The rise of jQuery, MooTools, and JavaScript frameworks has given many web designers a new lease on life, adding more unique functionality into their sites.

Most notably among the various cool and interesting features you can find being injected into a design is the humble lightbox (modal window).



If you’ve ever come across a link or image which upon clicking increases in size and where the rest of the screen gets "shaded" to focus on the content, you’ll know what I’m talking about.

This tutorial aims to showcase a method of displaying content based on the lightbox, which is web accessible and (excluding Internet Explorer) will require no scripting at all. Sound like fun? Well, let’s explore the subject further!

Demonstration

Click the preview image below to see a live demonstration.



What About Scripting?

There’s a lot to be said about the benefits of using client-side scripting for this. While we are certainly not in the cut-and-paste era that leads to the kind of crimes against JavaScript many coders would like to see punished, we do, to this day, still have an uncomfortable reliance on scripts and frameworks in order for our websites to function.

Perhaps it seems a little hypocritical in this instance for me to critique the use of scripting (as Internet Explorer users will require scripting enabled to use this functionality), but like all things, we sometimes need to compromise our code to ensure compatibility (especially with that browser)!

Why Not Just Use JavaScript?

In the sense of the current scripting frameworks, I’m not going to say that they are inherently bad because the likes of jQuery often gracefully degrade with good levels of success you guys can put away the knives and flame-lit torches now!

However, the sad facts are that, due to security issues, widespread abuse and the intrusive potential of client-side scripting, it’s quite easy to understand why a large number of people do not (or cannot) make use of scripting.

Therefore, a solution is required. And hopefully for you CSS3 fans, you’ll find this simple, easy-to-use code to be a welcome improvement.

Browser Support of this CSS Lightbox

To give you a quick introduction before we begin producing the code itself, it’s worth mentioning that I’ve tried the code in a variety of browsers and can say for sure that it works in all recent versions of Mozilla Firefox, Google Chrome, Apple Safari and Opera (which is all great news).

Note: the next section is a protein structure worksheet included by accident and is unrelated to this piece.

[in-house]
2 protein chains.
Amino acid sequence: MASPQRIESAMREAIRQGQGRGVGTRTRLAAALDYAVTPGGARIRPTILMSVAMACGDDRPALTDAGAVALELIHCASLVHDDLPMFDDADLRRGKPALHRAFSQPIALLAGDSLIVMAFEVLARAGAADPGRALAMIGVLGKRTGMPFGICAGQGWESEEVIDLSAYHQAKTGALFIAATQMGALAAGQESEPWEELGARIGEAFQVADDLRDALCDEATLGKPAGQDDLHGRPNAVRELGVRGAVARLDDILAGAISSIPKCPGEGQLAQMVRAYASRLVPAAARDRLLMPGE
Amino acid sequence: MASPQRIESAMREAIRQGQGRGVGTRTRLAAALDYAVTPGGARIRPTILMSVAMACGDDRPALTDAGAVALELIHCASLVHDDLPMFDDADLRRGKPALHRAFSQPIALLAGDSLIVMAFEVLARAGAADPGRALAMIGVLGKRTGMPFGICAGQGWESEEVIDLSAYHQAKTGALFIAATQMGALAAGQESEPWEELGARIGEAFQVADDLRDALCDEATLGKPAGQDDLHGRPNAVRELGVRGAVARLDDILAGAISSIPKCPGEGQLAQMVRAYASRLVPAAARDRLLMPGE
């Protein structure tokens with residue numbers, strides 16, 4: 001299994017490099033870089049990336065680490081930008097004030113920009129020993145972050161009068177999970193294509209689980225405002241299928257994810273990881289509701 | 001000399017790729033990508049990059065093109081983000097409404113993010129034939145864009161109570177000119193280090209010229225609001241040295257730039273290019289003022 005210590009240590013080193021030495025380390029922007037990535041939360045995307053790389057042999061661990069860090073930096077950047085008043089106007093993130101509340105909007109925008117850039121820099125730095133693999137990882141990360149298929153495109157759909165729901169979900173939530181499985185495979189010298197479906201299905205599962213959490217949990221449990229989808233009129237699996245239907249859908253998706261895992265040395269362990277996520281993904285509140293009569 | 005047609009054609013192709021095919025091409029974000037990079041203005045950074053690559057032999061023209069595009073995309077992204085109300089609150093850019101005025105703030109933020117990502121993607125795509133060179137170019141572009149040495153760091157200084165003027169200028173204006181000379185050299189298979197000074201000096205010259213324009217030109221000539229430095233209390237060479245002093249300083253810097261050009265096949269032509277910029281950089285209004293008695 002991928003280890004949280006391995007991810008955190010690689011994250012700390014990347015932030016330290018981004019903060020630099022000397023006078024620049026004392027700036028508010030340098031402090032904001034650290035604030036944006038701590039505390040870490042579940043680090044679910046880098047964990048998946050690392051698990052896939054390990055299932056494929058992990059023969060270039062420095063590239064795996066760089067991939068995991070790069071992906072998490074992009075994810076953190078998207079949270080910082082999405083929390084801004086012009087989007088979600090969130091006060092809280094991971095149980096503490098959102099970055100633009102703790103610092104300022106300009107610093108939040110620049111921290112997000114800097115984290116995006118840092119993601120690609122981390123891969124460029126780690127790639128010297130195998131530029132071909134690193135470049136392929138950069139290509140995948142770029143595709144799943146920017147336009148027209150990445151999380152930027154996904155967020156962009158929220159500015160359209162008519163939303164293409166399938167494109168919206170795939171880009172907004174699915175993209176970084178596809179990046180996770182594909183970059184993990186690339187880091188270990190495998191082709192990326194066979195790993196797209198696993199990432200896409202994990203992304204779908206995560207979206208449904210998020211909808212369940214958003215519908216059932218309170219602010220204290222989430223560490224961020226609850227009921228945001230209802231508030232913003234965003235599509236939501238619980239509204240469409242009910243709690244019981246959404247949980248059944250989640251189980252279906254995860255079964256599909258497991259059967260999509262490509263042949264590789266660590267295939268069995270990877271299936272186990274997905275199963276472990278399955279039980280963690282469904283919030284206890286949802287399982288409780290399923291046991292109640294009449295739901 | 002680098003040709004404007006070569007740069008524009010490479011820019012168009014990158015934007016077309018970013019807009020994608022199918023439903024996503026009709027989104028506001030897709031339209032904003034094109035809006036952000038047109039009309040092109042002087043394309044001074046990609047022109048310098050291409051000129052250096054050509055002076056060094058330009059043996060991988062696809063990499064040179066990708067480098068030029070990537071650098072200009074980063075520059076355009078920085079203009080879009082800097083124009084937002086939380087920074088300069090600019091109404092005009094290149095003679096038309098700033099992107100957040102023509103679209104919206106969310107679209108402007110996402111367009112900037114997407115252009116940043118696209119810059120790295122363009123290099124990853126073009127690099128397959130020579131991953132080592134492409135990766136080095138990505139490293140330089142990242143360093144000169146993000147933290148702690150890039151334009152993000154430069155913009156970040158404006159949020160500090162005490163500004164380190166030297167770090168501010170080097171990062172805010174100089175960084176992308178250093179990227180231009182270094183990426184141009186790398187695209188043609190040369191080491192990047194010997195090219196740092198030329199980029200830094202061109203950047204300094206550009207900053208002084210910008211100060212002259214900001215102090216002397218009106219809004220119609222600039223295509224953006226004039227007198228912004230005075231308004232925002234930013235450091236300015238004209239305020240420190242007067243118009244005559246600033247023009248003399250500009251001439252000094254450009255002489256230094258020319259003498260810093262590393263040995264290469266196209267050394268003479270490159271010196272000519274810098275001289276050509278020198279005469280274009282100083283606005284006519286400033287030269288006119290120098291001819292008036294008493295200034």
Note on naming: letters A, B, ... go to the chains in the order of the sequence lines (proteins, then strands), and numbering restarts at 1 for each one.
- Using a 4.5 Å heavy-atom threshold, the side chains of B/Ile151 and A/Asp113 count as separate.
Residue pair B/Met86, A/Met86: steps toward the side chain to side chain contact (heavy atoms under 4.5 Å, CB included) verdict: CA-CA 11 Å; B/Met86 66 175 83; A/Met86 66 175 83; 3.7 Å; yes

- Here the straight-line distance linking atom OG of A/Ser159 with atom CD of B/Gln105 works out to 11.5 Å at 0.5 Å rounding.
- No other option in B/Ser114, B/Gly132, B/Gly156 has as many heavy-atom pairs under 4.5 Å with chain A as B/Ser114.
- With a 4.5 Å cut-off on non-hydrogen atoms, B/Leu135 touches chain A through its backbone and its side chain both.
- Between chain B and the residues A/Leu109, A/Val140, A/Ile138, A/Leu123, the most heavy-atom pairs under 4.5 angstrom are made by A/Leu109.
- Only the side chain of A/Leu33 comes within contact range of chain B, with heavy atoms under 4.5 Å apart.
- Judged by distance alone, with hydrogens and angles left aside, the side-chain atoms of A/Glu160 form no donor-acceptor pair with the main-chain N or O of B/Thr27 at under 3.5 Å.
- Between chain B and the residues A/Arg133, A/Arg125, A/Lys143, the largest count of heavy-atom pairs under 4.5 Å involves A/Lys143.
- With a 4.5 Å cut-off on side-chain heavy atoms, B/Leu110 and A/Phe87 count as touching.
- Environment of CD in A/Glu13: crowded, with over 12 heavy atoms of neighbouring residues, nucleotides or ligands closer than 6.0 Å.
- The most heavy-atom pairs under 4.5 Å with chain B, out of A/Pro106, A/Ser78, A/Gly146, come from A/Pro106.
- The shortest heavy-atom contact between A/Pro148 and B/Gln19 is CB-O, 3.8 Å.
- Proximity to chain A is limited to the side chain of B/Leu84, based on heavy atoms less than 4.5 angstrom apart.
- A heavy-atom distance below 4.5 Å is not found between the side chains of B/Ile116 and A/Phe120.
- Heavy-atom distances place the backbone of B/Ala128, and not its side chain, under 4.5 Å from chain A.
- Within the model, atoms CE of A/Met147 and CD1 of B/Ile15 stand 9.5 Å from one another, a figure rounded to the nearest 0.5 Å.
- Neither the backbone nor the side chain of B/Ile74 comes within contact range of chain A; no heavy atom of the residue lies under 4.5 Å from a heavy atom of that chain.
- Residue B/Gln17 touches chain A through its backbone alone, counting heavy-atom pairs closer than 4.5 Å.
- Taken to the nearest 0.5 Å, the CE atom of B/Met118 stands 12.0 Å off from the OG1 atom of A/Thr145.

With a little bit of unobtrusive scripting that replicates the CSS3 techniques, it’ll also run smoothly within IE 6, 7 and 8.

The other fantastic news is that current test versions of IE9 support CSS3, so this may very well be the best JavaScript-free solution there is in the near future.

Internet Explorer is the usual culprit when it comes to lacking in standards support.

Magic Markup!

To begin our quest for a much more compatible lightbox, the first thing we need is some general HTML markup.

Much of the below won’t surprise you in the slightest as it’s pretty standard. However, for this example, and to showcase how durable this cool method is, we’ll produce three individual lightboxes.

One will be for an image, one will be for a block of scrollable content and the final one will hold a YouTube video. What more could you ask for?

To begin, let’s create the basics and have three fragment links which will go to the correct lightbox (you’ll learn how a bit later on).

CSS LightboxCSS Lightbox

You can use this fantastic solution to create lightboxes for not just images but rich, semantic content and video's as well!

Not much going on at this stage, a simple HTML document with extra links.

So far, things are pretty simple; you have a heading and paragraph with some links that, upon clicking, will currently do nothing.

The next stage in the process, however, is all important.

We need to add the container for each lightbox to appear within and give them their appropriate values.

To give you an idea as to how each of the three lightboxes work, you’ll need to examine (and add) the code into your source code editor.

To better understand how it works, let’s talk about each item individually.

<div class="stronglightbox/strong" id="image"><div class="w300 h60">